In the years between 1945 and 1973, 1.5 million unwed mothers were pressured by their parents, churches, even society, into going into a sort of hiding, having their babies and then signing those newborns away for adoption.
It was so common the phenomenon has a name. When we talk about it today, it's referred to as the "baby scoop era."
But to those it affected most, it wasn’t an era, it was the most difficult decision they were never allowed to make.
Barb Larson’s childhood was remarkably unremarkable.
She had good, hard working parents, who were good, strict catholics, which was nothing out of the ordinary for the post-war Chicago suburbs.
"I went to Catholic grade school, did all the sacraments, I mean, I thought I wanted to be a nun until I was 15 years old," she said.
Back then, she knew all there was to know about mass, about the rules of the church, but one thing she didn’t know much about, she also knew she couldn’t ask about.
She didn’t know about sex.
She didn’t really know how to get pregnant or how to prevent pregnancy.
"They didn't teach you anything about sex. It was a bad word back then," she said.
But there were obvious consequences to not knowing, and at 15 years old, what she never really thought was possible became her reality.
She and her long-term boyfriend figured out in the spring of their sophomore year in high school that Barb was pregnant.
After confiding in her older sister, her parents were told -- and they were hurt and furious. The same could be said for her boyfriend’s parents.
Both sets of parents met immediately, without Barb, and came up with a plan.
It was a plan that hundreds of thousands of other parents executed at that time.
Barb would be sent away to another city, she would not speak of her pregnancy to anyone and she would have that child in as much secrecy as possible.
"I never went back to school after my parents found out. I was told not to tell anybody," she said, through tears.
Barb was sent to live with relatives in Toledo, Ohio and while she was there, and pregnant, her days would be spent at the Florence Crittenton home for unwed mothers.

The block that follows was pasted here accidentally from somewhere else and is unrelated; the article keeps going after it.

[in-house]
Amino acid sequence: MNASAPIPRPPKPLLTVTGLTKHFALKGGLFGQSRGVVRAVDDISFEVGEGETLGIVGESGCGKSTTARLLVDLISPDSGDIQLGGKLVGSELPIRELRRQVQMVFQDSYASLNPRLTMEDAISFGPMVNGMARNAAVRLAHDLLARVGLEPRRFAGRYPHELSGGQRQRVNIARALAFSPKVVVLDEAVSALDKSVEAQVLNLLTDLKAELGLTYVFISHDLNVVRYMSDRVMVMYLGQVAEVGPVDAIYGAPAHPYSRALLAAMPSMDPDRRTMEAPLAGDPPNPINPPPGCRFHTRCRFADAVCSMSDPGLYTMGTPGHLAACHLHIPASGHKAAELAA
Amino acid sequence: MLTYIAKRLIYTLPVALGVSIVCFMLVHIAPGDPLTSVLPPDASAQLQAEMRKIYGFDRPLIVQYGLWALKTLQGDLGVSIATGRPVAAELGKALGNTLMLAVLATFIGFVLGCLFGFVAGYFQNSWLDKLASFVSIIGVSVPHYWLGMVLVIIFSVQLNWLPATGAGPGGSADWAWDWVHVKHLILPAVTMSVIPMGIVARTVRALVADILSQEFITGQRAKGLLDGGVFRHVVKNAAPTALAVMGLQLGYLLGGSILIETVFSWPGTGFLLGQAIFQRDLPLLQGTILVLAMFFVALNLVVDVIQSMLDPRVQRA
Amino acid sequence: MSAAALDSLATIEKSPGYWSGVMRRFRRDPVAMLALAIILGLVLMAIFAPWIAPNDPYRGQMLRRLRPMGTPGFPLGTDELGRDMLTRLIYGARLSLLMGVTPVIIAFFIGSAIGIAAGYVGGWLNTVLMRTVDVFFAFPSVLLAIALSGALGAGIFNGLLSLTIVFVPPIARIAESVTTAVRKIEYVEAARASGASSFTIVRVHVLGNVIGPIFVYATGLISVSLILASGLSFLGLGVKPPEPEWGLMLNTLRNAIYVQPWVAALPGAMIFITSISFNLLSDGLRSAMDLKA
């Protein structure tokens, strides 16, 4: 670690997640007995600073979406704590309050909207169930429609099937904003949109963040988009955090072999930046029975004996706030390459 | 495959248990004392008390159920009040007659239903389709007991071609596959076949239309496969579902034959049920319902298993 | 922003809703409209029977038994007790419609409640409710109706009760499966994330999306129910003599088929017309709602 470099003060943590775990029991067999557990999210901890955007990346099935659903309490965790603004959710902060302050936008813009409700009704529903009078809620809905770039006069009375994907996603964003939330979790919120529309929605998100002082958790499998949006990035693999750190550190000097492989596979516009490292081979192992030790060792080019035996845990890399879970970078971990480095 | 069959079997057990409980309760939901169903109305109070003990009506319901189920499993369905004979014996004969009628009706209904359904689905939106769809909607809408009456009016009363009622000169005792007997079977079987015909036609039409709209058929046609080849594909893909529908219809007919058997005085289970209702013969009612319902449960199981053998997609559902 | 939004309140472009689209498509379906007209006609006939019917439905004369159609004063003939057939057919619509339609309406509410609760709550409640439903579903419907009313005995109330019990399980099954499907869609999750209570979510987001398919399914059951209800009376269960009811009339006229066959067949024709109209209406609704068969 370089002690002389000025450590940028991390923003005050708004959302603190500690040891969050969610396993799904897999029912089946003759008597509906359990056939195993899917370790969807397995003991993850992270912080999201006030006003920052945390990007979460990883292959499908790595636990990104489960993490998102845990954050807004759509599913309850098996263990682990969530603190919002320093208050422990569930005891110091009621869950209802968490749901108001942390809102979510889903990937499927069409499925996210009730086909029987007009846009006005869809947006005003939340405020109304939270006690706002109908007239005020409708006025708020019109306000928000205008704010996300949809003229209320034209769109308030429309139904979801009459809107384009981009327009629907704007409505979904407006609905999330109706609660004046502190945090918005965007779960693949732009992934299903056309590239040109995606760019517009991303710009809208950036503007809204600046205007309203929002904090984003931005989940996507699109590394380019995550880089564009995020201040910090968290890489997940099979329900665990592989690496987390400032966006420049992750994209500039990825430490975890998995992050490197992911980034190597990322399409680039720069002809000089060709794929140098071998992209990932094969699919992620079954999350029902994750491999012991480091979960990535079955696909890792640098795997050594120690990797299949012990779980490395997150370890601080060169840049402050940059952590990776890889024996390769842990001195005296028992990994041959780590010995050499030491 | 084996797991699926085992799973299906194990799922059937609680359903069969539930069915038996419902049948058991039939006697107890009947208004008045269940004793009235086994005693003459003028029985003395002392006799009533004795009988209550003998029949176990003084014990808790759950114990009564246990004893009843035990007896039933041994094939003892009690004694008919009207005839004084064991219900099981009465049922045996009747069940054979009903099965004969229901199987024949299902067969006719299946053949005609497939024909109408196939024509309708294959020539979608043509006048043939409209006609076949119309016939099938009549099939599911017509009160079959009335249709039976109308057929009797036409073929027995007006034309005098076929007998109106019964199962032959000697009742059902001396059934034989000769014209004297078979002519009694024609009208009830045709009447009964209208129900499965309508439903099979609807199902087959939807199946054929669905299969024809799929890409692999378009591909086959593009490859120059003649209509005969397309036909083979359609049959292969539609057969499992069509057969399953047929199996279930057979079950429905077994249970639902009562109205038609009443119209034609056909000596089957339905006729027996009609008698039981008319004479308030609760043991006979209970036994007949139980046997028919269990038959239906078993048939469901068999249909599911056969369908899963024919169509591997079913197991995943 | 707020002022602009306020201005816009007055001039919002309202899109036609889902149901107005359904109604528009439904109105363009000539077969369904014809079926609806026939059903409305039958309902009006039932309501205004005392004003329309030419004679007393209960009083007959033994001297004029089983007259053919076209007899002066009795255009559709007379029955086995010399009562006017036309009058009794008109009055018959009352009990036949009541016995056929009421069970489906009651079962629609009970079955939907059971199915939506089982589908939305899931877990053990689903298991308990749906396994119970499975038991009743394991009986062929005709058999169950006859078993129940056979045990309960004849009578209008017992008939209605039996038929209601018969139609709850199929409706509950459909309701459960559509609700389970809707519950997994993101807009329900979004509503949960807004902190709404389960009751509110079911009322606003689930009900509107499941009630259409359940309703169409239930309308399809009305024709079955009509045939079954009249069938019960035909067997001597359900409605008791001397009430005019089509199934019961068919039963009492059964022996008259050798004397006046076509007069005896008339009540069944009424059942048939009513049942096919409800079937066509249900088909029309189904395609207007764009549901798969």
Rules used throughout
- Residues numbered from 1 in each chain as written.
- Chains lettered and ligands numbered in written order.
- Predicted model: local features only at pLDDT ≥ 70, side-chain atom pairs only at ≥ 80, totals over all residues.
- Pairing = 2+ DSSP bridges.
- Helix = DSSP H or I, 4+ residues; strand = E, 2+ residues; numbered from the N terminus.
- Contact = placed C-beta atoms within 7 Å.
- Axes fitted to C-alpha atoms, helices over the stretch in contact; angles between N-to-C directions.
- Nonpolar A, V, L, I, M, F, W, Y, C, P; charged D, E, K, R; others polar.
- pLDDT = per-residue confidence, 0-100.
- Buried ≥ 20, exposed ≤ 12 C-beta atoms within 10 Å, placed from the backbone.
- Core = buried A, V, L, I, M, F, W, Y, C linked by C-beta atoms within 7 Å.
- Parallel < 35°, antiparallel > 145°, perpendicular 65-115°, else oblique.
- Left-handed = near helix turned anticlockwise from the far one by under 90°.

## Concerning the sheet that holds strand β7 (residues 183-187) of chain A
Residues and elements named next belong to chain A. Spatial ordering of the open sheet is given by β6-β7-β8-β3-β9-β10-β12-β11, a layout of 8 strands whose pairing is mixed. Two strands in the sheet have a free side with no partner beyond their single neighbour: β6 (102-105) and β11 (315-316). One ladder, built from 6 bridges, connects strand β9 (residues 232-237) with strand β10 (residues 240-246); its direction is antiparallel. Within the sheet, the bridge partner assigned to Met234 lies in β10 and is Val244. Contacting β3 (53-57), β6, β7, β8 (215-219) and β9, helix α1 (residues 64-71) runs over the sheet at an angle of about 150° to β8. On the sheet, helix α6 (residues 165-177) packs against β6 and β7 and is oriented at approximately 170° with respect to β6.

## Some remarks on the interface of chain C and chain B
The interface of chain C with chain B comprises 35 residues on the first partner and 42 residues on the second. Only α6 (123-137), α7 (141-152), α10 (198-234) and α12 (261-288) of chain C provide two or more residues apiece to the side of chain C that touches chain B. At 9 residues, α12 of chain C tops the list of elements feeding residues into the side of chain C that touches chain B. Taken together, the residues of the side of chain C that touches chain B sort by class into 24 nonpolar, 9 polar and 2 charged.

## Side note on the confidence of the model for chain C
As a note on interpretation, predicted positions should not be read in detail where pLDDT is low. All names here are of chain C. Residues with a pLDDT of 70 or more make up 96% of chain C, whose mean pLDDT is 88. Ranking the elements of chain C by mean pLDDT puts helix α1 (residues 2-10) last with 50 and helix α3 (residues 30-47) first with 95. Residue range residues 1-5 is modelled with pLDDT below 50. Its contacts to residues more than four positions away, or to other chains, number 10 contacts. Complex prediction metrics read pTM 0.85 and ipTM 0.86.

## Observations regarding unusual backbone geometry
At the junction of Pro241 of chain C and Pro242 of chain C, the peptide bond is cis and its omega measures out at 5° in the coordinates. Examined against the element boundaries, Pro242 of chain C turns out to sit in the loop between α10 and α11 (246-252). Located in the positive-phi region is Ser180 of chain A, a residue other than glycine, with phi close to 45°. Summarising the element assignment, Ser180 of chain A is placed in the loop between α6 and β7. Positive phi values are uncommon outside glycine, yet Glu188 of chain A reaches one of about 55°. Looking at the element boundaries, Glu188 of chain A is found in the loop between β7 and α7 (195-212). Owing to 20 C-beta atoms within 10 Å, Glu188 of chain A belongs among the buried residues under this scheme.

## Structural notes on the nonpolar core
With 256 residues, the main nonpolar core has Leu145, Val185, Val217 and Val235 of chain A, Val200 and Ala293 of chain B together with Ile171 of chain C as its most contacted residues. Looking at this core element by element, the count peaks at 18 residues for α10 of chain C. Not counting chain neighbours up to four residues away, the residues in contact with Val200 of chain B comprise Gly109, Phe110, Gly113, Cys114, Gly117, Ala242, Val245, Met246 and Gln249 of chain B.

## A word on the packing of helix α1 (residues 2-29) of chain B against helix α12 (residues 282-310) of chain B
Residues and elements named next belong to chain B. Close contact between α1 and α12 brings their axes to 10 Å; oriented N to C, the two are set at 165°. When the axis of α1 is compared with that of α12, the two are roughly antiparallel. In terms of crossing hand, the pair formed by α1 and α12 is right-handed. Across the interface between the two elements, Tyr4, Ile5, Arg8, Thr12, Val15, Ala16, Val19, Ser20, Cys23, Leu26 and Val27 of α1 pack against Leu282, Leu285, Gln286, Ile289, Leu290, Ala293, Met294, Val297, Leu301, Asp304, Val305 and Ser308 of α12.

"They asked me all sorts of questions as far as my nationality, my education, my health history," she said, recalling the day she was admitted into the home.
But she also remembered not knowing why they were asking her such questions, and she also didn’t ask why.
In the answers she gave them, Barb was unintentionally beginning the roadmap of her unborn child.
But intentionally, Barb was beginning the roadmap of the new life she and her baby would live together.
"I remember going in my bedroom at night and I had a Pennys and Sears catalog that I would circle absolutely everything that I needed for my child," she said.
That’s how the next four months would go until Aug. 25, 1970.
On that day, Barb gave birth to a healthy baby boy at 7 pounds, 11 ounces.
After giving birth, she was told that she could not see him. Even then she said she still didn’t know why, and she wouldn’t on that first day.
But what she would do, for the first time, was find him.
"I knew I had to see him, lay eyes on him. I needed him to know that I was there for him," she said.
Those stolen minutes through a hospital window was all she would get as hours later she was told the plan everyone else had for her and that child all along.
"I had to be in an office at the hospital and talk with a caseworker and I didn't understand what that was but they put papers in front of me and just said I had to sign these papers," she recalled.
Barb said she fought them once she realized what the papers were, but it was of no use, she said. They told her the adoptive parents were on their way.
To be given a choice, you have to be given more than one option, Barb said, and she was never given more than one option.
She would not see her son again. He was going to be adopted and she was going to move to a town in Wisconsin. Case closed.
One thing she did do, was name the child.
She named him Christopher, for St. Christopher -- the patron saint of travelers.
Forty-seven years have passed since that day, in Toledo, when Christopher was born. In that time, Barb married and had two great kids and three beautiful grandchildren.
But she still thinks, of him, daily.
And so, in the last six months she has begun another quest to do what she did before, and find Christopher.